A document dated 812 makes mention of a Dondone judeo, although records of continuative Jewish presence in the area appear only from the 14th Century onwards, as a result of emigration and expulsion from central Europe. In the centuries to come, the Jews were repeatedly granted permission to open loan banks and settle in the city, albeit under strict control and high taxation.
As in the rest of Piedmont, the ghetto was established after the Constitutions of 1723. In the following year an area of the medieval urban fabric was set up for the purpose, between the present-day Via Aliberti, Via Ottolenghi and Corso Alfieri, where the Jewish community have long been settled.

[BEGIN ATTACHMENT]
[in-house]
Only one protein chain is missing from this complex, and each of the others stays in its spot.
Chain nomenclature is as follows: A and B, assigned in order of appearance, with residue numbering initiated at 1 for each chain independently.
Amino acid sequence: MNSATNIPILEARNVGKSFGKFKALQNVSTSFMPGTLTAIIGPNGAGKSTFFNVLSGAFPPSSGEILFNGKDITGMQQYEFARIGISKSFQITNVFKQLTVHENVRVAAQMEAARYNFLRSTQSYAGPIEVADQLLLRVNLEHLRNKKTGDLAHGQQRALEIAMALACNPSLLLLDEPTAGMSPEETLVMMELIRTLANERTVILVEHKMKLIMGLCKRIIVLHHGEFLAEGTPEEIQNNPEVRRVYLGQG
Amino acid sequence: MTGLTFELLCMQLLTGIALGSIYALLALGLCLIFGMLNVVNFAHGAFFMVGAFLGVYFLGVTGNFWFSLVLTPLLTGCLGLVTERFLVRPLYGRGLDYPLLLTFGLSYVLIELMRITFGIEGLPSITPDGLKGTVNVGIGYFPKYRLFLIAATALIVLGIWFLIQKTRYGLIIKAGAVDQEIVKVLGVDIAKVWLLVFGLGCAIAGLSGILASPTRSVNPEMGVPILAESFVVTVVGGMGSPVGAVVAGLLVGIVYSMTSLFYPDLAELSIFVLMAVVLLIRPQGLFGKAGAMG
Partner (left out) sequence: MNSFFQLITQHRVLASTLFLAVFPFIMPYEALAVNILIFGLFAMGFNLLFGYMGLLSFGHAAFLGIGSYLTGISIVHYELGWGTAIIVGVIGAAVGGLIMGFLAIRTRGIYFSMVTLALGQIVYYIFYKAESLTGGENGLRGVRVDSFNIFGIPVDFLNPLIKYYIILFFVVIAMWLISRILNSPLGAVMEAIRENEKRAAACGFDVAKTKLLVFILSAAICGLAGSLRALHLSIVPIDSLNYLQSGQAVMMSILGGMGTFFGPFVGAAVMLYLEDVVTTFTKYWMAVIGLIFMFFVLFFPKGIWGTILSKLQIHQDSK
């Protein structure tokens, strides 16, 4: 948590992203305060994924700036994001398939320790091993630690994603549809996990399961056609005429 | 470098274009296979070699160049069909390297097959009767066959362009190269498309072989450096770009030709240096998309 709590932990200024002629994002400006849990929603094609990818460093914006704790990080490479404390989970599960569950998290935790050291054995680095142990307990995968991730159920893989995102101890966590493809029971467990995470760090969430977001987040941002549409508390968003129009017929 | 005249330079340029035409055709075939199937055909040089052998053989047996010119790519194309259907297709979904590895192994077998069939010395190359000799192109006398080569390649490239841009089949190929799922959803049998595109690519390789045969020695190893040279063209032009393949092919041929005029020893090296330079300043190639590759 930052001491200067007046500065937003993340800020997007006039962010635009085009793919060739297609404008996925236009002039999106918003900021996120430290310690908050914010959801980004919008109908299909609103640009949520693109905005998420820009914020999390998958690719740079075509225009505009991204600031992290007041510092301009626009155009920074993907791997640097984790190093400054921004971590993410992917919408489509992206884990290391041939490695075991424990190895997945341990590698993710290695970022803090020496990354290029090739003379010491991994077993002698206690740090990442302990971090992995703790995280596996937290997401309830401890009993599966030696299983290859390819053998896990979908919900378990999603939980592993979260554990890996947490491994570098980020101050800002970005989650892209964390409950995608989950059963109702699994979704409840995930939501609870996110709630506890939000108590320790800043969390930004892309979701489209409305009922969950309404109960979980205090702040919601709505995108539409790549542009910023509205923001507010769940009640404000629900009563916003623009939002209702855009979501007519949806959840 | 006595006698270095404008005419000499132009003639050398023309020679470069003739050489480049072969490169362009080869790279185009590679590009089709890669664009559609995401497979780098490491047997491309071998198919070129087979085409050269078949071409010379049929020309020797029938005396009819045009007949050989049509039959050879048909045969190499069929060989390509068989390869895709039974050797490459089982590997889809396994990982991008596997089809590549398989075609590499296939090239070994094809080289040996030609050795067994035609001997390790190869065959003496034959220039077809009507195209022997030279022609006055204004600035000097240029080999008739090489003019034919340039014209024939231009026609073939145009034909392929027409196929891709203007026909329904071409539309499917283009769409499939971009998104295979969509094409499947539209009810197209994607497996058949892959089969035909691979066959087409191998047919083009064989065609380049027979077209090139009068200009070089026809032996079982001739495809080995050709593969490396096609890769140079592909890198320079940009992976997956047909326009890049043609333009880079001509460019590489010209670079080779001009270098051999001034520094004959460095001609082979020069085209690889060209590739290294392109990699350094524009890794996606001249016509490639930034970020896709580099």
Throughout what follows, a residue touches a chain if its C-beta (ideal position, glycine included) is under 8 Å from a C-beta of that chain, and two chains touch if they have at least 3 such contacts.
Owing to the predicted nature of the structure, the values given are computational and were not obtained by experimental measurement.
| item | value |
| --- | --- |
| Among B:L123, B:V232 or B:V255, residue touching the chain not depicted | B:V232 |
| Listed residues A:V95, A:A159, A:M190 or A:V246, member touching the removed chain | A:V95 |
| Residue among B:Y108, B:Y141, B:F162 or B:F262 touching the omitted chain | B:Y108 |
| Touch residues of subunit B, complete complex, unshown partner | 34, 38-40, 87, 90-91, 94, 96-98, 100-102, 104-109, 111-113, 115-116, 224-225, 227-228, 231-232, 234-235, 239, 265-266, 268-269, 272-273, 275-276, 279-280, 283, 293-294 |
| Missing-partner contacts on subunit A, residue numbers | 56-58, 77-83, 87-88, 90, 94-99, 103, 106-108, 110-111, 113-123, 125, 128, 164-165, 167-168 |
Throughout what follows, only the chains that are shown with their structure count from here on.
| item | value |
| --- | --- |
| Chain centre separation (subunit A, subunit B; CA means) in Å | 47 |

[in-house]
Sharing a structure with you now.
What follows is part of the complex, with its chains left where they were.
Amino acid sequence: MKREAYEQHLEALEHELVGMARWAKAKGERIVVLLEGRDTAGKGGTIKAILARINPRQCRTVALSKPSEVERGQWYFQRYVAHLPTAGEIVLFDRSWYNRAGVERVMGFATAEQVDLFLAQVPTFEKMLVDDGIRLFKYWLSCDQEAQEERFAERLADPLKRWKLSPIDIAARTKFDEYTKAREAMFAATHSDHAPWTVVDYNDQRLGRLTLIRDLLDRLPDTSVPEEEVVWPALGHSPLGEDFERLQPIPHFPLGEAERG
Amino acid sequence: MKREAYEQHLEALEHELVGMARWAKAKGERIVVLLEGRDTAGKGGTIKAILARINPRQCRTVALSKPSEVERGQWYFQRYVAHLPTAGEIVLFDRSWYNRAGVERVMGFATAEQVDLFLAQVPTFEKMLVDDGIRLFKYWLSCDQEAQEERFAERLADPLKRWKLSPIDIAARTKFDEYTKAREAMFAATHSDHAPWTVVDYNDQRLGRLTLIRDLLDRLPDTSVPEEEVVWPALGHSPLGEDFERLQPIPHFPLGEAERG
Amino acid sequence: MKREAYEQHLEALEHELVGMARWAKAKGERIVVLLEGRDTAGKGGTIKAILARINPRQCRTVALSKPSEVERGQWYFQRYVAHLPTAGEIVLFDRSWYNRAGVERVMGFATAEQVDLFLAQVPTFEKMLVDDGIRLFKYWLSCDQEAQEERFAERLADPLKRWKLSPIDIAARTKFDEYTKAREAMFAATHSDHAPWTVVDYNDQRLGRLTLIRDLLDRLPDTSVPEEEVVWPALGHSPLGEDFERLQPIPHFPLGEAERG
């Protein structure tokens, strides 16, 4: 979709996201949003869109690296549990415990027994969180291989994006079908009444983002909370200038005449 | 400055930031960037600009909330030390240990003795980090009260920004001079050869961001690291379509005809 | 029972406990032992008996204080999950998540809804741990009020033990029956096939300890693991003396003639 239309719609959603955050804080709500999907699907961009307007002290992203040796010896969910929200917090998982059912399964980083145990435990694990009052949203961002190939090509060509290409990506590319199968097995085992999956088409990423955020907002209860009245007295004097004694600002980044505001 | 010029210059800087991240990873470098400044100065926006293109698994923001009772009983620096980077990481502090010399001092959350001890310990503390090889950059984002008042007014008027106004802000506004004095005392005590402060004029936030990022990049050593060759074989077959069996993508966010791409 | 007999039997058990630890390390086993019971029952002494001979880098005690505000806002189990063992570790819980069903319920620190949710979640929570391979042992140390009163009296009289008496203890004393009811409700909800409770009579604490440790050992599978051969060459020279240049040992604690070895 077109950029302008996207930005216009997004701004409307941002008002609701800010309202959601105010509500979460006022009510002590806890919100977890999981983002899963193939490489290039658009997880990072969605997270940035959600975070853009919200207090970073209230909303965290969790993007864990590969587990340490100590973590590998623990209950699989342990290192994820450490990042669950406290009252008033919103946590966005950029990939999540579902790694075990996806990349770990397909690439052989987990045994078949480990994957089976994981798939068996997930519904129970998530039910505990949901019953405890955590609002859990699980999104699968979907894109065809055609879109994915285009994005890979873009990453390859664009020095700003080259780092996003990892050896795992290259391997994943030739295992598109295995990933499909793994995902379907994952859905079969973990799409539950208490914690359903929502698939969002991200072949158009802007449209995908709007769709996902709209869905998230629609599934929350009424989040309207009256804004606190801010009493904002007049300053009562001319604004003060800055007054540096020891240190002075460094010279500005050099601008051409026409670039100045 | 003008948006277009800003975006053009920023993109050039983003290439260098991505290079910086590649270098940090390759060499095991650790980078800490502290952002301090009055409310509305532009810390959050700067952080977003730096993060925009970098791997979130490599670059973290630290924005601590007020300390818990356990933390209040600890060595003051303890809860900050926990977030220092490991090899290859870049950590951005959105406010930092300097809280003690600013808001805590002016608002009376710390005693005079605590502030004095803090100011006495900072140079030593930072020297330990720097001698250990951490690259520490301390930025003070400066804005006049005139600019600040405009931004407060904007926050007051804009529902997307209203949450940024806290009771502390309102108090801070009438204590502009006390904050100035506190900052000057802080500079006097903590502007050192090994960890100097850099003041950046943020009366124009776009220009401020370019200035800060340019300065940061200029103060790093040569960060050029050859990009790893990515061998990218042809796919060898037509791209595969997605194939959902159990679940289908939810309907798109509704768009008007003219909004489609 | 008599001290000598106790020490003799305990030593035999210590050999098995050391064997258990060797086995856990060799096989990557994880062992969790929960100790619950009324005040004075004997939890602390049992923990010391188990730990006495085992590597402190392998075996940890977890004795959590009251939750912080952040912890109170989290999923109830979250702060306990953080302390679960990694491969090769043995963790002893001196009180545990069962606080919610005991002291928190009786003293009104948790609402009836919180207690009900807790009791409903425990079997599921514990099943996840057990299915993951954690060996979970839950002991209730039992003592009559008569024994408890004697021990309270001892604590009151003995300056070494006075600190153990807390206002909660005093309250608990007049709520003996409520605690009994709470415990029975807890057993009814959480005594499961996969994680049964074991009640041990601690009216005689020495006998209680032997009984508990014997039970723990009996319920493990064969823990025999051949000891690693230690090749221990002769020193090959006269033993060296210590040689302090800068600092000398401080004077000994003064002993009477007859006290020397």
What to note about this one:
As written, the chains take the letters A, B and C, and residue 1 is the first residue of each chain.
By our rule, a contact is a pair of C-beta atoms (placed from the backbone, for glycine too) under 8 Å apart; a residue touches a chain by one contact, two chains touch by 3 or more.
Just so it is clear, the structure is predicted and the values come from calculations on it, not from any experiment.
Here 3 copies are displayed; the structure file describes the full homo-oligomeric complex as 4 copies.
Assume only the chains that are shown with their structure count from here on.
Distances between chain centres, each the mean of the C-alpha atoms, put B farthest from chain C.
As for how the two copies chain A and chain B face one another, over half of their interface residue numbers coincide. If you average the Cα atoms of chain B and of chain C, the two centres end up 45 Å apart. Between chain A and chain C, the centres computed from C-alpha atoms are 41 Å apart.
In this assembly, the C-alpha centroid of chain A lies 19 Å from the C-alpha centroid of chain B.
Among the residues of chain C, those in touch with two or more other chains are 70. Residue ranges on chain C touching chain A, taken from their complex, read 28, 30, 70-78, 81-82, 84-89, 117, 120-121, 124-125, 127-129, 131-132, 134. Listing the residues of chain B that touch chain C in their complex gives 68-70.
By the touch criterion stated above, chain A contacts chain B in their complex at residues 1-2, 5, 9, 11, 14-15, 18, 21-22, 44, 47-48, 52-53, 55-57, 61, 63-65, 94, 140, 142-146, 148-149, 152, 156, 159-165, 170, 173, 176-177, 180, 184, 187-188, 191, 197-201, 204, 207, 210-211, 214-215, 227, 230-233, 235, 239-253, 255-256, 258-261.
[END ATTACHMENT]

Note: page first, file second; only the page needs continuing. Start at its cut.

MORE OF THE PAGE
In the close-knit network of streets were workshops, storehouses and dwellings with inner courtyards inter-connected by walkways and passages. The community consisted of traders and a few bankers. At no. 39 of Via Aliberti stood the Jewish school ‘Istituto Clava’, which operated from 1866 to 1930.
With the final Emancipation in 1848 many of Asti’s Jews took on important roles in the life of the city and the country, and in many cases their names are associated with events and deeds commemorated by monuments.
Via Ottolenghi / Corso Alfieri / Via Incisa / Via Garetti